Acanthosis Nigricans ( a.k.a dirty neck)
Medically called Acanthosis Nigricans, and most fondly called “dirty neck”. Dirty neck is a common skin disorder common amongst African Americans. This skin condition is characterised by dark brownish plaque usually located around the skin of the armpits, knuckles and neck but can also appear in the insides of the thighs and fingers.
This discoloration comes as a result of the thickened skin and not as a result of an increase in skin pigmentation as commonly assumed by people. There are usually no clear symptoms except occasional itchiness.
Henceforth, we’ll refer to “Acanthosis Nigricans” as “AN” for ease of reference. AN has been associated with diseases as well as syndromes. Resistance to insulin and diabetes mellitus are two medical phenomena that are commonly associated with AN. People who suffer from AN oftentimes mistakenly believe that a dye or something they might have unconsciously touched has discolored their skin. Many even go ahead on a scrubbing spree but this will not get rid of AN.
AN is actually neither harmful nor contagious, although, sometimes, it could be a sign of a health complication that requires medical attention. Hence, it is advisable to see a dermatologist at Buckhead Dermatology in Atlanta and College Park if you notice any part of your skin that seems darker or thicker.
The AN mechanism
The dark on your skin is not in any way associated with an increase or change in melanocytes (skin cells that are responsible for producing melanin or skin pigmentation), but the dark on your skin is actually as a result of the thickening of your skin layers. As insulin levels within the body increase, insulin binds skin receptors making the skin cells reproduce and thicken. Hence you have the thick textured velvet state of an individual who has AN.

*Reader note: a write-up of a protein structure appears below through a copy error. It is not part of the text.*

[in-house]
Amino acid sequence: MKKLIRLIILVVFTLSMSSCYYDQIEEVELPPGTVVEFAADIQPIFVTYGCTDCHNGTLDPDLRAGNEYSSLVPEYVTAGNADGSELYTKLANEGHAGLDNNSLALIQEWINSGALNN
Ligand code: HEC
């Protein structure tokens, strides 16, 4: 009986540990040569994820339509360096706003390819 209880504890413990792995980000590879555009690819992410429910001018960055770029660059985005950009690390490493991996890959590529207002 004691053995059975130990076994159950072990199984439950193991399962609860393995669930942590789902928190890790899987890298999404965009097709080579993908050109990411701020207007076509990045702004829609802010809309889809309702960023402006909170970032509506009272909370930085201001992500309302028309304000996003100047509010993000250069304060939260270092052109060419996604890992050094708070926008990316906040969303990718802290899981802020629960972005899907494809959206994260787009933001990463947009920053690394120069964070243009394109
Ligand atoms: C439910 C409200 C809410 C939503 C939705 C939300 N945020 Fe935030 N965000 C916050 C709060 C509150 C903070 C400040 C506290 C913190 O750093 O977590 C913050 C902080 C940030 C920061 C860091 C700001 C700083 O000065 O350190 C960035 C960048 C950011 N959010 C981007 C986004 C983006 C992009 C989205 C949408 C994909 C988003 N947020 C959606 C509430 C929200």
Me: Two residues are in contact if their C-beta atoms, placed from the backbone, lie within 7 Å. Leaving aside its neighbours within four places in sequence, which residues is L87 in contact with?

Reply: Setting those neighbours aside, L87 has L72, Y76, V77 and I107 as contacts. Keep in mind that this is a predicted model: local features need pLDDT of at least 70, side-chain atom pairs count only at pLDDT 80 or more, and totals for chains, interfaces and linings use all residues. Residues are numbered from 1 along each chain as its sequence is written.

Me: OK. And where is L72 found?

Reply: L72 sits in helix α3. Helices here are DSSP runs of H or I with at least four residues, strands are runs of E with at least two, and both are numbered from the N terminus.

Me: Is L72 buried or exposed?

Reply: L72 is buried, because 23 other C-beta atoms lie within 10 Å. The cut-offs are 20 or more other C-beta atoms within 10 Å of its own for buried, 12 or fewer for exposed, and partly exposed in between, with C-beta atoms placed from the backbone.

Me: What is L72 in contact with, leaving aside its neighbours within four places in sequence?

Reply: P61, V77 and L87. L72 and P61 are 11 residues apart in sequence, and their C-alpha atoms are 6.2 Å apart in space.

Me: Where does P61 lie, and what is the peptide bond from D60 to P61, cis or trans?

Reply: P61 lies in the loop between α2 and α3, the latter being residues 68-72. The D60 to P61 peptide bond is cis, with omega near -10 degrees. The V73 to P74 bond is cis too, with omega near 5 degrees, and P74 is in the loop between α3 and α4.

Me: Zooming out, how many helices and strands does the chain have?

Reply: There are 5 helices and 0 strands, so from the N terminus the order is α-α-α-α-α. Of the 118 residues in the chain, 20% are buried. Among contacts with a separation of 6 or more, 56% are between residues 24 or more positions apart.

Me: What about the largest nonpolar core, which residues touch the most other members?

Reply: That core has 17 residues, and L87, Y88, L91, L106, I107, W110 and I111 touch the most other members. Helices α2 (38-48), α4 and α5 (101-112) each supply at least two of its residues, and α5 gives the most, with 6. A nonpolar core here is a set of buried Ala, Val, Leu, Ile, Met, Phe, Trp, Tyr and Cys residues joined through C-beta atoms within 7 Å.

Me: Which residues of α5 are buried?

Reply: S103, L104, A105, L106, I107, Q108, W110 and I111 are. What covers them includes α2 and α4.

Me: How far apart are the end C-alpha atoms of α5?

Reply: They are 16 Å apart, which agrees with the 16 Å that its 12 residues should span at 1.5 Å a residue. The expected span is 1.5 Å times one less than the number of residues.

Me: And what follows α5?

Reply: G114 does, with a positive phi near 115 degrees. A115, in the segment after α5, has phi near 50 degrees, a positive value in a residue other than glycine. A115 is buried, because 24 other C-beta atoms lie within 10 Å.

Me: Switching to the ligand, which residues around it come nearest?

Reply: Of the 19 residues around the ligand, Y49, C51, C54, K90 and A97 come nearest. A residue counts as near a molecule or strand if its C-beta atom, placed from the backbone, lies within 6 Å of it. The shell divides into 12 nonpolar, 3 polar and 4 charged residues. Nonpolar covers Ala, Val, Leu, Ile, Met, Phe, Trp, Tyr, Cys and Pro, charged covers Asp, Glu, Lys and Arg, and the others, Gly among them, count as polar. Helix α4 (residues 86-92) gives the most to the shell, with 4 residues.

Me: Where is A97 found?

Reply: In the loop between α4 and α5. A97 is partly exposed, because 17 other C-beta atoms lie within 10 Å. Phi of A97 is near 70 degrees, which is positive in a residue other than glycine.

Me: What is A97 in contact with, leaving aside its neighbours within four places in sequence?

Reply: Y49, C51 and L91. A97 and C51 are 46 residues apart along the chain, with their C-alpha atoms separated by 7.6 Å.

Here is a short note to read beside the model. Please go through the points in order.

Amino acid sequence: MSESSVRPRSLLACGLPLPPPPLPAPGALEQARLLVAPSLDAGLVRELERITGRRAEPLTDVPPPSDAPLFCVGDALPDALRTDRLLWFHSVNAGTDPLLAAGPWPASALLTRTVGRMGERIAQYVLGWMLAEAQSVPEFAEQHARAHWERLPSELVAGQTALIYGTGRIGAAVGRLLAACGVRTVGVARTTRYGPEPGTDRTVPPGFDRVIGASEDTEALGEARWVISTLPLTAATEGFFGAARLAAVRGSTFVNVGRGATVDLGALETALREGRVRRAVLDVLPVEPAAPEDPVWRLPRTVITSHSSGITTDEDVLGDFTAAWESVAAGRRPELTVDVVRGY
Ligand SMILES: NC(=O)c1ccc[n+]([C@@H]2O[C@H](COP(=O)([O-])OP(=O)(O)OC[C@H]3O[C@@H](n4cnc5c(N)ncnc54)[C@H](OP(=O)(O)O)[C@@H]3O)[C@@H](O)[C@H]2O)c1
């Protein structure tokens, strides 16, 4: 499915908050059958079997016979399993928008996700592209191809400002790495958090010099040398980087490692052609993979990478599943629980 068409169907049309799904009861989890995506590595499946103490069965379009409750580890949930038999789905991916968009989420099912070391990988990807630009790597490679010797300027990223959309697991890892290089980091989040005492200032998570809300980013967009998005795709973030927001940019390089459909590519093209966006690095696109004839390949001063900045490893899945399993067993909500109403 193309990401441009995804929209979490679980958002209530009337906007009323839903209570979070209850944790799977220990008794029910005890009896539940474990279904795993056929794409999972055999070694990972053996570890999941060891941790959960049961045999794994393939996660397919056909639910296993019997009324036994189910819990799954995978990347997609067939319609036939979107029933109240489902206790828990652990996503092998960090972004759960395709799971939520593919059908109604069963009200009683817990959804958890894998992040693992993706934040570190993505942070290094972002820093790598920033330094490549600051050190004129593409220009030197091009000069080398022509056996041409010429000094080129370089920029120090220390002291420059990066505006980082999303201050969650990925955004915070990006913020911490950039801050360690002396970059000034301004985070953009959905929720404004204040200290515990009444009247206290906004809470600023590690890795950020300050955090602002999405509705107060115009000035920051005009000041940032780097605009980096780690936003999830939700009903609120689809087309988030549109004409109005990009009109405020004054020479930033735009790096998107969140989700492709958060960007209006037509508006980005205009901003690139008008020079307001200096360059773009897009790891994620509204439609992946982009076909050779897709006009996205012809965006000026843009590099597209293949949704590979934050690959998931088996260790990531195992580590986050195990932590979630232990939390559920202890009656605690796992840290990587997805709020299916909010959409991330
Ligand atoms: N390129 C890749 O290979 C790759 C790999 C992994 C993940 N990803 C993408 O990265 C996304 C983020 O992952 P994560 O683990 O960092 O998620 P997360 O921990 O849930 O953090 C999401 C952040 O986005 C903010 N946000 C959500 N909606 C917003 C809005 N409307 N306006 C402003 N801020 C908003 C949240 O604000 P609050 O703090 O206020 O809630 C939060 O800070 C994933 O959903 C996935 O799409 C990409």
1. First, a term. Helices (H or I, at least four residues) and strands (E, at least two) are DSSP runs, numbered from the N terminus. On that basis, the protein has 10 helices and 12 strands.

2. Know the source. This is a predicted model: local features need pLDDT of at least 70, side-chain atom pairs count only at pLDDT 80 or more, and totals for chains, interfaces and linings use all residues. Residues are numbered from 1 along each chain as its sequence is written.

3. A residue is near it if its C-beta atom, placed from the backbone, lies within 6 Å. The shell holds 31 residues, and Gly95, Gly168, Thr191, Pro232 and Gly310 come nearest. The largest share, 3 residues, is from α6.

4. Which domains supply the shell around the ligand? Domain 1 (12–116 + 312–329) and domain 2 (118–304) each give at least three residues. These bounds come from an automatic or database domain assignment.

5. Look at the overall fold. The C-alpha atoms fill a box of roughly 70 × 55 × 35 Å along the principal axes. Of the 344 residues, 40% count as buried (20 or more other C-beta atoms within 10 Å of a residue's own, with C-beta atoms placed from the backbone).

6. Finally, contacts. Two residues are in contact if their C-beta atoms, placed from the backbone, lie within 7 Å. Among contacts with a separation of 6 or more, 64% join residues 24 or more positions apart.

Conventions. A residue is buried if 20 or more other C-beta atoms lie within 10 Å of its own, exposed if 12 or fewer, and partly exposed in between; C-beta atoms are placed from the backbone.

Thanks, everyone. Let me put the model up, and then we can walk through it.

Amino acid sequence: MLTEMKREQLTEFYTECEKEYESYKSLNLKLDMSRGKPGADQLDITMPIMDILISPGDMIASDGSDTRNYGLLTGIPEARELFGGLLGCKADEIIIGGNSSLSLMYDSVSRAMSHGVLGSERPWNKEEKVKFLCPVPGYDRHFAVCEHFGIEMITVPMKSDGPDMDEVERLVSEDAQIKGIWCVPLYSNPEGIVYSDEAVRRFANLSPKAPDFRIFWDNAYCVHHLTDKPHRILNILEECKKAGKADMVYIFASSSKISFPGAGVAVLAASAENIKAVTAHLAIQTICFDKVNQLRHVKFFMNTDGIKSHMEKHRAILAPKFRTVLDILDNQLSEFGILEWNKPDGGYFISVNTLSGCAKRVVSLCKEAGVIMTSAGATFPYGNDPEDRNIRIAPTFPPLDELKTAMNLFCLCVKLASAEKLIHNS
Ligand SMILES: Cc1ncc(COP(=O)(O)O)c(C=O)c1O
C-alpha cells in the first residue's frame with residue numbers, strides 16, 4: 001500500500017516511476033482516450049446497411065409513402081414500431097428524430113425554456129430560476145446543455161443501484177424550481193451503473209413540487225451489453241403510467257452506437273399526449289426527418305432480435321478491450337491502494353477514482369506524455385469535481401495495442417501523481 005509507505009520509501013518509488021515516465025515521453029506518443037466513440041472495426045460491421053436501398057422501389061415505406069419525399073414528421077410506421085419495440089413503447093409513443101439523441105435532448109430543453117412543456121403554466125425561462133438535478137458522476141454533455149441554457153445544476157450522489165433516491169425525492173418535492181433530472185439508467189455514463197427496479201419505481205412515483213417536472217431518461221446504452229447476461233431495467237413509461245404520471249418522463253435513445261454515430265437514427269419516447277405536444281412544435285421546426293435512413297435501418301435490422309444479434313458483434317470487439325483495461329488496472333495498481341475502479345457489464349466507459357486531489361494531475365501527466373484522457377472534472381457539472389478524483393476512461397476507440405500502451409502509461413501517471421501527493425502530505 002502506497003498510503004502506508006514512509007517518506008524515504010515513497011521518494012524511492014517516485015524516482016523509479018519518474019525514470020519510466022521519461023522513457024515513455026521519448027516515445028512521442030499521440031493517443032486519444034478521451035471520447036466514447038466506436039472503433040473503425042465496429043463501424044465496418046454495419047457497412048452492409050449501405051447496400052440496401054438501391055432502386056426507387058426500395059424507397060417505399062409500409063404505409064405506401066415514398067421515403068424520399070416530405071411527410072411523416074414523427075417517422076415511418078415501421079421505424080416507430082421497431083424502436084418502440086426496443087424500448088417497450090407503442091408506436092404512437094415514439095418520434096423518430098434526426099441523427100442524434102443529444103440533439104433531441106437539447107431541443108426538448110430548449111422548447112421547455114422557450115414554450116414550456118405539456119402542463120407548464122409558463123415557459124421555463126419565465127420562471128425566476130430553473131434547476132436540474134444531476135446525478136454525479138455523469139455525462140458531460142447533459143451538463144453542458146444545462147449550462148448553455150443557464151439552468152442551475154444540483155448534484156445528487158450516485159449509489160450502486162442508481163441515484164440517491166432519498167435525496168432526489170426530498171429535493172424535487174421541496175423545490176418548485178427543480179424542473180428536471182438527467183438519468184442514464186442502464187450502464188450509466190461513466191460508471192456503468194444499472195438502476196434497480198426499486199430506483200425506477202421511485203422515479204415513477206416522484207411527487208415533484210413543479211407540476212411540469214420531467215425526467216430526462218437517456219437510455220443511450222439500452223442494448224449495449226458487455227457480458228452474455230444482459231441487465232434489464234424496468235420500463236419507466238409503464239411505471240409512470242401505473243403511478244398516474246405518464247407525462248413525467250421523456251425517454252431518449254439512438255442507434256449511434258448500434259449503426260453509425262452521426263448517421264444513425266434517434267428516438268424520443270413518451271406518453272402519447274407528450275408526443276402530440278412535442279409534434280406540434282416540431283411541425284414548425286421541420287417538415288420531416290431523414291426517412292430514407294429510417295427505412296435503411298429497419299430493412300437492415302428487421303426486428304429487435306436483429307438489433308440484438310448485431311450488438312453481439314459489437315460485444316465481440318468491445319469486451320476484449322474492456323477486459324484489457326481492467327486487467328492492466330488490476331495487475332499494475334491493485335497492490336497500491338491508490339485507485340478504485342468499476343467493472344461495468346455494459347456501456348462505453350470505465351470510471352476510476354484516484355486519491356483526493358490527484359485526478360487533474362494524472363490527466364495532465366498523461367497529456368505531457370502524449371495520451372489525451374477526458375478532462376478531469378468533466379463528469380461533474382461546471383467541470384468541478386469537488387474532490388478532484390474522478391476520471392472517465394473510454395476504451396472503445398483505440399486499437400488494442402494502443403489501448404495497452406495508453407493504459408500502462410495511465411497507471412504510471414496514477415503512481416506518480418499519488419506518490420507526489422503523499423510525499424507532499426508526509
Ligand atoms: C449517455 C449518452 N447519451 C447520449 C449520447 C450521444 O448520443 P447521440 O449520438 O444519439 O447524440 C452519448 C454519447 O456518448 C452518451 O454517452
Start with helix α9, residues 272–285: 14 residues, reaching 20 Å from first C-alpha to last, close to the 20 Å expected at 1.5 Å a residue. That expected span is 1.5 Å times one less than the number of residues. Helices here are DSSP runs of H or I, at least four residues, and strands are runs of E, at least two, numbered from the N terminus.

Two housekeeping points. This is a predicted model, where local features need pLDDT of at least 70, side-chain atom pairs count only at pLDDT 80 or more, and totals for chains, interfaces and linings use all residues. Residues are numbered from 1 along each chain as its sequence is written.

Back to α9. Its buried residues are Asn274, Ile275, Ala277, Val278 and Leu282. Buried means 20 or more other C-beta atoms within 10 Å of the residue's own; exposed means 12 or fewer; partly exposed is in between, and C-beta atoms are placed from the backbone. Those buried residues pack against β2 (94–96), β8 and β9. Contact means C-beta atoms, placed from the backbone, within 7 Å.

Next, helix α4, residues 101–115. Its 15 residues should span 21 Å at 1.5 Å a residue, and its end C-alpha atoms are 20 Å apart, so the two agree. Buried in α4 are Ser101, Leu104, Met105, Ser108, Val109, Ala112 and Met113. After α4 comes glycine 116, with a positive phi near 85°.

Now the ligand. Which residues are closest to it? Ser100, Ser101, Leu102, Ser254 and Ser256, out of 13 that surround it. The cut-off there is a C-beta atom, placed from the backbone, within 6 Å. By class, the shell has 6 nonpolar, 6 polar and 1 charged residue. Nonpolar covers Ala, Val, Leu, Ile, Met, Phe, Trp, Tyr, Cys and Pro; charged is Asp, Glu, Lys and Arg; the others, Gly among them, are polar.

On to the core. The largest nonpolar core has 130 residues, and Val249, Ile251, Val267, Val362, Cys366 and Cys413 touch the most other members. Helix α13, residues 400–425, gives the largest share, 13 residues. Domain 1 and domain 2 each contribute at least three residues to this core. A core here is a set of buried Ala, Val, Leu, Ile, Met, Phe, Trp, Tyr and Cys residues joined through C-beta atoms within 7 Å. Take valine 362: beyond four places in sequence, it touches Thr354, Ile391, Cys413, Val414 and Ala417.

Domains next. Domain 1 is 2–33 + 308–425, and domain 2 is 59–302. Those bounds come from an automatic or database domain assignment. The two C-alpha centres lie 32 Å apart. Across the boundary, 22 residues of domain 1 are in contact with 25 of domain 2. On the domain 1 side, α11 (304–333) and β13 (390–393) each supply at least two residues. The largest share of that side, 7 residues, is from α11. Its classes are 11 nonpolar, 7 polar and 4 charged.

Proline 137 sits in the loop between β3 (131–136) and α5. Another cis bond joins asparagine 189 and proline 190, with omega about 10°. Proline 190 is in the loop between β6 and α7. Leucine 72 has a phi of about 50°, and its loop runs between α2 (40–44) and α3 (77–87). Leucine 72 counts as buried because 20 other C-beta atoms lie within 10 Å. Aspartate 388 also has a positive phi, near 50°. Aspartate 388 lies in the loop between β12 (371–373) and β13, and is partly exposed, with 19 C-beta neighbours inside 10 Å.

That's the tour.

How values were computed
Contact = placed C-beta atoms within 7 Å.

There are several types of AN, but there are only 4 major types. These are classified as hereditary, endocrinopathy associated (issues with the endocrine system), malignancy (cancer-associated) and drug-induced. Most cases of AN are idiopathic, which means they have no known cause.
When can I see a dermatologist?
As soon as you notice any sort of change to your skin color or texture you should definitely see a dermatologist at Buckhead Dermatology in Atlanta and College Park. Slight changes may seem like nothing but sometimes a slight change may be an early warning sign. Studies have shown that AN can be a sign of pre-diabetes which could increase your chances of getting diabetes. So if you take AN as a sign, precautionary measures could be taken to avert diabetes. However, AN can also be a mere skin reaction caused by a medicine you are taking, if this is the case, changing your medication might be the best option for you.
In other cases, the dark patches you see on your skin may have no connection whatsoever with any medical condition, a certified dermatologist at Buckhead Dermatology in Atlanta and College Park can assist you in finding out what could be causing your skin discoloration.